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3 Common Mistakes Companies Make When Responding to a Security Incident

3 Common Mistakes Companies Make When Responding to a Security Incident

Written by JUSTIN DYKES on Jun 6, 2016

It’s ten p.m. on a weekend night. You’re relaxing at home when your phone rings. It’s your chief information security officer. Your company has experienced a security incident and panic starts to set in.

While no company wants to deal a security incident, it is nearly impossible to avoid one.  How you respond is key to your company’s future. Your company’s response can either result in a quickly resolved incident or a slew of costly mistakes. Below are a few examples of shortfalls that affect companies when encountering an incident.

Not Being Prepared

It’s a fairly common thought: “That will never happen to me.”

Maybe you thought your company was safe from cyber-attacks or that no one would ever want to attack your business, but the truth is, cyber-attacks are on the rise and attackers launch thousands of attacks a day on various targets.

To prepare your business for a security incident, start by formulating answers to the following questions:

  • What data was compromised or stolen?
  • How did the attacker get into our systems?
  • How long has the attacker been in our systems?
  • Where did they go within the systems?

People and processes also play an important role in minimizing damage. That employee who always goes above and beyond to get the job done? She is probably working remotely as well as in your office. She might be transferring sensitive files between devices. She is not intentionally trying to cause harm, but by not following your company’s security protocol she is putting your company in danger.

“Employees and negligence will continue to be the leading cause of security incidents in the next year,” reports Experian.

By having the proper security personnel in place, such as a chief security officer, chief information security officer, or a leader who is in charge of company security and protocols, you can keep up with what is happening with your cybersecurity.

The process piece of the puzzle involves both educating employees on the proper security protocols and having a process in place in the event of an incident.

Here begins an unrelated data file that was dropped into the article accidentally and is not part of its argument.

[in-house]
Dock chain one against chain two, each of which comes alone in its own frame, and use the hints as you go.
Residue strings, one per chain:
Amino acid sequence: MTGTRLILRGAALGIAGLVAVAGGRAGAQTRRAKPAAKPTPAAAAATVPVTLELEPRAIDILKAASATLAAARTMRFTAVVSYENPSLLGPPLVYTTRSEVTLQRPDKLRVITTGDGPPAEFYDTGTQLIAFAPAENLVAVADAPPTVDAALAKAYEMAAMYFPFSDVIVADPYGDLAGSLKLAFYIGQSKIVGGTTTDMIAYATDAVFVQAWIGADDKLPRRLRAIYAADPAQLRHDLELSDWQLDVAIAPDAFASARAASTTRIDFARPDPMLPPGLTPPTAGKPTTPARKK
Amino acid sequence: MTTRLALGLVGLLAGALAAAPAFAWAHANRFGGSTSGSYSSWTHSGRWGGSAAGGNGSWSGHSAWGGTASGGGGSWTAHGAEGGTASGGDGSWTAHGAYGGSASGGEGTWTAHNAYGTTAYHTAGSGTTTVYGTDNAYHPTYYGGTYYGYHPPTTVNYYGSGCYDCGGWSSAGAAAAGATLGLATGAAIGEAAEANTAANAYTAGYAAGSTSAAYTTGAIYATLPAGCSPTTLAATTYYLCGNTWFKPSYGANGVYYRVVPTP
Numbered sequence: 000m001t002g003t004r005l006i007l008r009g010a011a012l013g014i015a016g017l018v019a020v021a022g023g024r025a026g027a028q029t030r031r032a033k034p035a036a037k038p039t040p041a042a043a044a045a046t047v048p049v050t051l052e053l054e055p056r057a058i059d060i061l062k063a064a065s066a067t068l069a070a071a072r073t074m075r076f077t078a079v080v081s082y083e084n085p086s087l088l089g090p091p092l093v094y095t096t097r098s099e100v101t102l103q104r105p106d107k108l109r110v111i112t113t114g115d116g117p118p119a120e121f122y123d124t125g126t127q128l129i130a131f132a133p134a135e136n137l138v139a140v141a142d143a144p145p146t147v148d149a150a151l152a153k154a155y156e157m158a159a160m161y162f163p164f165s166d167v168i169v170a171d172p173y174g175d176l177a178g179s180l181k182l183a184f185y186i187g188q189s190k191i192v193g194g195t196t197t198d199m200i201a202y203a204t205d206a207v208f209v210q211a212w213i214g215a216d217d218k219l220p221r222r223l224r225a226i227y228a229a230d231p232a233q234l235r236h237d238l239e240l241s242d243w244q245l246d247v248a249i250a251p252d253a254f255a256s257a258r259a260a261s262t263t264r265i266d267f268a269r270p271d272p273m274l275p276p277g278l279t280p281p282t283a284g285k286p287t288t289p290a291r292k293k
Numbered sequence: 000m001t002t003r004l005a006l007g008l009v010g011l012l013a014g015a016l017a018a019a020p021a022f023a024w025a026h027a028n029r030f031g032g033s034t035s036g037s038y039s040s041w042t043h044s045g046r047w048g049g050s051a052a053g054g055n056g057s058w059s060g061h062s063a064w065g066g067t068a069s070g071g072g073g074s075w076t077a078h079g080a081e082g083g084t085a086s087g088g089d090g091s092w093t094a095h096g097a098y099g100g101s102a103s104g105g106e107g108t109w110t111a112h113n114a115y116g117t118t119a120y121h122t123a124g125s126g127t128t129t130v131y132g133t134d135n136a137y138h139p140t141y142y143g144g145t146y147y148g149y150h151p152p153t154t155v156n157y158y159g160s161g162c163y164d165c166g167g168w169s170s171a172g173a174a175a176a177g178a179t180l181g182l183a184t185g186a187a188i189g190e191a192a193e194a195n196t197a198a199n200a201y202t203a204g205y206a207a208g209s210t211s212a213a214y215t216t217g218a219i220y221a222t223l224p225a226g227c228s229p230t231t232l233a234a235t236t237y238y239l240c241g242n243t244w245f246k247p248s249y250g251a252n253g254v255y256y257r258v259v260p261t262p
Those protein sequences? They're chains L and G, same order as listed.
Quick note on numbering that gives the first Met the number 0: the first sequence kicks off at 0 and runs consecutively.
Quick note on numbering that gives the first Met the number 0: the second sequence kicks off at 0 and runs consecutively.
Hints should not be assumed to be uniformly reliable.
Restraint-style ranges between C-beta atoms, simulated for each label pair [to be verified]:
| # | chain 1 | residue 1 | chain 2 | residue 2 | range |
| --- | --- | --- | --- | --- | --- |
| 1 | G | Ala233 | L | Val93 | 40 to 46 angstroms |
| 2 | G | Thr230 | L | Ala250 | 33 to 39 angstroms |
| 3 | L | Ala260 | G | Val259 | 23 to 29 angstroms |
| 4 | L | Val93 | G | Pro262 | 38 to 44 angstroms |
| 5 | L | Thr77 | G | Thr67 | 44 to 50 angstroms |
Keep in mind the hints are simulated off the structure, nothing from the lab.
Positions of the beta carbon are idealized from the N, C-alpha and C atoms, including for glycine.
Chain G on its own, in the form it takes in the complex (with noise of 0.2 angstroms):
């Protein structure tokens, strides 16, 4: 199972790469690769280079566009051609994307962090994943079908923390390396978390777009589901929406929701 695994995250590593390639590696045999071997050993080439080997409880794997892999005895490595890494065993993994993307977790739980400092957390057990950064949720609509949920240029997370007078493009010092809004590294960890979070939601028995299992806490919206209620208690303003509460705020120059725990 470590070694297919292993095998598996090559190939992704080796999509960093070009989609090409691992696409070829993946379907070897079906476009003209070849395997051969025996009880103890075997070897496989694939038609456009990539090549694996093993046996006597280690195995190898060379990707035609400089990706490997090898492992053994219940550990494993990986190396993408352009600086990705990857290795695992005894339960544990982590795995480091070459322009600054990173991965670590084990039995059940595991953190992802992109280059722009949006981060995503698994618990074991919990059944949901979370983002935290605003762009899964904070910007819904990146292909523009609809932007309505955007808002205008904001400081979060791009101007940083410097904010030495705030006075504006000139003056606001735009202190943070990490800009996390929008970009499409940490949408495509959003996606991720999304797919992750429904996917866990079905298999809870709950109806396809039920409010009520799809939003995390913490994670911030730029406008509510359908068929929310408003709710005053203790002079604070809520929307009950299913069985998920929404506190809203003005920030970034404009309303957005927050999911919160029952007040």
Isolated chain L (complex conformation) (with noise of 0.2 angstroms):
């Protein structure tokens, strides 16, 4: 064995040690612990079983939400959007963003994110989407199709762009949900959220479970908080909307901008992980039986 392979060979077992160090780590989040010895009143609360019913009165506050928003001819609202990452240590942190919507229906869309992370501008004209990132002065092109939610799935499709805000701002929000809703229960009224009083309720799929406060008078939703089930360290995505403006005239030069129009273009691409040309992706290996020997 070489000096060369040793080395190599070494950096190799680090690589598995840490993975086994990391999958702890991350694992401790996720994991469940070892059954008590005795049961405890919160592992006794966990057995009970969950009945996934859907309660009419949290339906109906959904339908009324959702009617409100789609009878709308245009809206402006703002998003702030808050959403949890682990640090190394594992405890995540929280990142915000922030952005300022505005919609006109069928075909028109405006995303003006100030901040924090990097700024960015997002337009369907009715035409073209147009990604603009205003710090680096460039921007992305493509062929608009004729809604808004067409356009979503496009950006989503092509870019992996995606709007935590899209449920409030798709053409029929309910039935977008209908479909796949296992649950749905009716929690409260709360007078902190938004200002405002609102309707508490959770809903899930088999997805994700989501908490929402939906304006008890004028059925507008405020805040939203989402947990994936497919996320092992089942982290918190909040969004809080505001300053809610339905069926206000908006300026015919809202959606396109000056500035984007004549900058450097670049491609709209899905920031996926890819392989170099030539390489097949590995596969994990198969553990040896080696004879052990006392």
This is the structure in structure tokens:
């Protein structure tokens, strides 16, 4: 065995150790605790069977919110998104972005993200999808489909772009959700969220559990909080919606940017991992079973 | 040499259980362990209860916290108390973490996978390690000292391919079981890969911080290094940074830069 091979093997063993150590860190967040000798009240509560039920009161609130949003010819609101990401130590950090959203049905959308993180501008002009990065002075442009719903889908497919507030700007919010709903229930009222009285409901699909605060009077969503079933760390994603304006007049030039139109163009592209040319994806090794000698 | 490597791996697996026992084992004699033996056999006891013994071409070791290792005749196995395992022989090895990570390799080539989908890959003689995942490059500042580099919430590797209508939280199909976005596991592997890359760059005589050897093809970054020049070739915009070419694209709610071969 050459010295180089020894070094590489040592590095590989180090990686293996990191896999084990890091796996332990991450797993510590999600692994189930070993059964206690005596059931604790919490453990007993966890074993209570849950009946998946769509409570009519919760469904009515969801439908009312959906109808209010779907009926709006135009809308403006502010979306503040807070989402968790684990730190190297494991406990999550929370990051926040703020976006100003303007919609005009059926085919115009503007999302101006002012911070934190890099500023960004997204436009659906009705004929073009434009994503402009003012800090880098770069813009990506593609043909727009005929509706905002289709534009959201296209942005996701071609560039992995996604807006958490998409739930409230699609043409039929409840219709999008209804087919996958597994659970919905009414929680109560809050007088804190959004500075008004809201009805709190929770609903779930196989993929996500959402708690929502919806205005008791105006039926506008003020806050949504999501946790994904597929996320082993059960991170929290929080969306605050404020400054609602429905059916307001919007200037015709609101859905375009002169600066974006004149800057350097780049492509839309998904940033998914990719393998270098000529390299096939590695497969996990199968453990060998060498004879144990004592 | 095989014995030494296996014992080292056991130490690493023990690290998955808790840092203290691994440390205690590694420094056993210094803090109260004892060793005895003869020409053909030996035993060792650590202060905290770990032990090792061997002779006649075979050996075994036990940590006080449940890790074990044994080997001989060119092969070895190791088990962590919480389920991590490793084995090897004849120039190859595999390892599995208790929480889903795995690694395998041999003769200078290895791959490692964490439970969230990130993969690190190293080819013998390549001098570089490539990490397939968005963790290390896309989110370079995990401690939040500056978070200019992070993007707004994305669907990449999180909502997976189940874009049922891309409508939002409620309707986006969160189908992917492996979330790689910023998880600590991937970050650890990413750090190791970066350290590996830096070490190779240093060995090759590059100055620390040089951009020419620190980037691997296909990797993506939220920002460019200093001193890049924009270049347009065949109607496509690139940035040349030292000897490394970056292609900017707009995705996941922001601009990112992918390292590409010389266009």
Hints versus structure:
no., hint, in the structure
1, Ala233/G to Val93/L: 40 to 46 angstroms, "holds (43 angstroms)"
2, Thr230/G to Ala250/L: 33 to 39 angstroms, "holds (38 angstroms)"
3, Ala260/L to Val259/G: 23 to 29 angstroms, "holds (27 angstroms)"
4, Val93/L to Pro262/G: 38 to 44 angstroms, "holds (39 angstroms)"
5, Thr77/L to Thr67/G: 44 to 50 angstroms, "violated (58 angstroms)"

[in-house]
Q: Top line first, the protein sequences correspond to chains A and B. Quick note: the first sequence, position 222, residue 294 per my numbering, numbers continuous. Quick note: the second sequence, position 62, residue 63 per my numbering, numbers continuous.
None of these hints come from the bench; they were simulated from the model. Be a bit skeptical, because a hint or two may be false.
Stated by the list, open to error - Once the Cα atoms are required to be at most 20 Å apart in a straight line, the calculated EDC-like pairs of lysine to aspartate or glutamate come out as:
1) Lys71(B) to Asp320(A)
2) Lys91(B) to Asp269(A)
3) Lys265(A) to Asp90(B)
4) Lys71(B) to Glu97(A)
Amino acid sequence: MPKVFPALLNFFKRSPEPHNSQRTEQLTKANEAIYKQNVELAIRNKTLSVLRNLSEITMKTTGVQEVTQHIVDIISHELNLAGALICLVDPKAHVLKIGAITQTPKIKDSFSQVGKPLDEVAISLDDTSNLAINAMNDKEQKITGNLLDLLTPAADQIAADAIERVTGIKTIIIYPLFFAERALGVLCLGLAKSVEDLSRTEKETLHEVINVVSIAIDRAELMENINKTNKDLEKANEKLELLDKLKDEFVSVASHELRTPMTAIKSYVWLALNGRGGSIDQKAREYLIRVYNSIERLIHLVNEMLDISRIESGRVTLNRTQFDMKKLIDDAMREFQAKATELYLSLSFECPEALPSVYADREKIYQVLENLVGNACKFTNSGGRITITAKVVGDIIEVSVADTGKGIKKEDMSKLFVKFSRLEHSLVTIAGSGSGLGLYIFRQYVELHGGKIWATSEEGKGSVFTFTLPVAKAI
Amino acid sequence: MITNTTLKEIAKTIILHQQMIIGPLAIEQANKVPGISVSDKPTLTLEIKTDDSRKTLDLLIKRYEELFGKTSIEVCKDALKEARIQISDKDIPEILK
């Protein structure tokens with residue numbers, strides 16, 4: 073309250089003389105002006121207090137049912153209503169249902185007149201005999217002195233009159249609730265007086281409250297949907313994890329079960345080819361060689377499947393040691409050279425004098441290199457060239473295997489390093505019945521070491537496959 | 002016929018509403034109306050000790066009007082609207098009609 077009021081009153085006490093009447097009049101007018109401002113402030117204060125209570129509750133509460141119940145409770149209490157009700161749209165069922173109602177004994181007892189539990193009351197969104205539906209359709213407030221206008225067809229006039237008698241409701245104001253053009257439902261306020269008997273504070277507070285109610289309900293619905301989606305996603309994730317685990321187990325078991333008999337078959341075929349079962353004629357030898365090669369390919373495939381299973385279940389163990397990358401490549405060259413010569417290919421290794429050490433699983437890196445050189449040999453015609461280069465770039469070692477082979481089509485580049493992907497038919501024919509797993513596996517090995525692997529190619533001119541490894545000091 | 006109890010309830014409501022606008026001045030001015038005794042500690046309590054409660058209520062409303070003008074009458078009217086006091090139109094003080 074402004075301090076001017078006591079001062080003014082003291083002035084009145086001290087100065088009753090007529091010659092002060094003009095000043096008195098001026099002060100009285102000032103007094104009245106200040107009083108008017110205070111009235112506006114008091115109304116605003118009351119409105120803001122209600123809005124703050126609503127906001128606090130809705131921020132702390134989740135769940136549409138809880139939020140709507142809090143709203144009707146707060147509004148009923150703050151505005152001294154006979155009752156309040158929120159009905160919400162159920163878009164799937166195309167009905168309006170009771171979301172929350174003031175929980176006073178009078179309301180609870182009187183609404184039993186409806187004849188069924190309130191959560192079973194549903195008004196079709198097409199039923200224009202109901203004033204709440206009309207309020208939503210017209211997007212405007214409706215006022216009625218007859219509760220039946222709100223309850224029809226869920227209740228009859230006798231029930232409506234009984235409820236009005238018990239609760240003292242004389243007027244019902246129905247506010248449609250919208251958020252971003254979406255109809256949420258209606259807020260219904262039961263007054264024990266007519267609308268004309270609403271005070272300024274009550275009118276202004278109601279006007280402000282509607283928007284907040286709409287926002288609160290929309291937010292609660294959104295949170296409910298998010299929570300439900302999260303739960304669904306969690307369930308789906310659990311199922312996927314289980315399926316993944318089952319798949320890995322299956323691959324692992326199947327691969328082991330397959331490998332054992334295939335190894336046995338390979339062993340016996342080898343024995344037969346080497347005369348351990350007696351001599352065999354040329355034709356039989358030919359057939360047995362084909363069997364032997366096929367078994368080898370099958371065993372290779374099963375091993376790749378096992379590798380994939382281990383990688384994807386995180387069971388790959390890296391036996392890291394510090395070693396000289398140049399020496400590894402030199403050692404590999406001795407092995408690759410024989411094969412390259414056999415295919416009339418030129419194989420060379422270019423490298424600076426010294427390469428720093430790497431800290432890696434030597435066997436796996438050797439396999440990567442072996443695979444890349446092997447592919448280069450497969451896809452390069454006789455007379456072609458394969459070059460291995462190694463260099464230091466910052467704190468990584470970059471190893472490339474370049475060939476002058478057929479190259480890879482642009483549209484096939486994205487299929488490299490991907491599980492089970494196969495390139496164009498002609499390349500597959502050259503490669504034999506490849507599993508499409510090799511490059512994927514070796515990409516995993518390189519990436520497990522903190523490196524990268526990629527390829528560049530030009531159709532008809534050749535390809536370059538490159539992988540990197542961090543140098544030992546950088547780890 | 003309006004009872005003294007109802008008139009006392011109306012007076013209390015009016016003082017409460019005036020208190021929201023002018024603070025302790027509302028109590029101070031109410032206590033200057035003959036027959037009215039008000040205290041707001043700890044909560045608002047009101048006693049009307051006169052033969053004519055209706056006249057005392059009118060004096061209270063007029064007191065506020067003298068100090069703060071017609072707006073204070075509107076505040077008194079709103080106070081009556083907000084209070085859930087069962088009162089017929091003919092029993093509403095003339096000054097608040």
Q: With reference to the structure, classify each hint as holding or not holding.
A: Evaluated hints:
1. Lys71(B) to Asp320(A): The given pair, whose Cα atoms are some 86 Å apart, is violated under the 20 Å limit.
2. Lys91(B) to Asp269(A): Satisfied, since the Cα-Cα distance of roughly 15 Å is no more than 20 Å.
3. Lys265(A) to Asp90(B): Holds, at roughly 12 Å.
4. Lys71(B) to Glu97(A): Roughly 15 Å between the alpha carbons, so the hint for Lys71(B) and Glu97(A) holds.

Not Using Alternative Means of Communication

There is a reason law enforcement doesn’t like the media to broadcast its location when dealing with a sensitive incident: it can impact the success of their efforts.

The same holds true when dealing with a compromised system. Do you use your company’s e-mail servers to communicate regarding the incident? Or, for example, are you compiling documentation about the incident on your company’s internal server? Unless you are certain the hackers have been removed from your system, they could be reading all communications about the incident and receiving valuable information about your next steps.

If you need to make calls after your system has been breached, try using your mobile device or another telephone outside of your system’s network. Use e-mail accounts not associated with your company’s server to communicate with others.

Not Acknowledging the Incident

It can be easy to put a security incident out of mind quickly, but if you do you’re likely missing out on valuable information. Whether an intruder was stopped before gaining access to your system or you are dealing with a breach, it is important to examine what happened. You could discover a flaw in your incident response protocol, or realize you need additional employee training.

By having your people and processes in place before an incident, you could help save your company time, salvage your reputation, and put processes in place that keeps the company safe in the future.

Topics: Education, Privacy





Justin Dykes is a Principal at Schellman. Justin perfoms over 80 Service Organization Controls (SOC) reporting projects annually. Additionally, Justin has experience in Sarbanes-Oxley 404 attestations as well as readiness engagements. Justin has had experience in the following industries: technology, manufacturing, transportation, public utilities, and healthcare.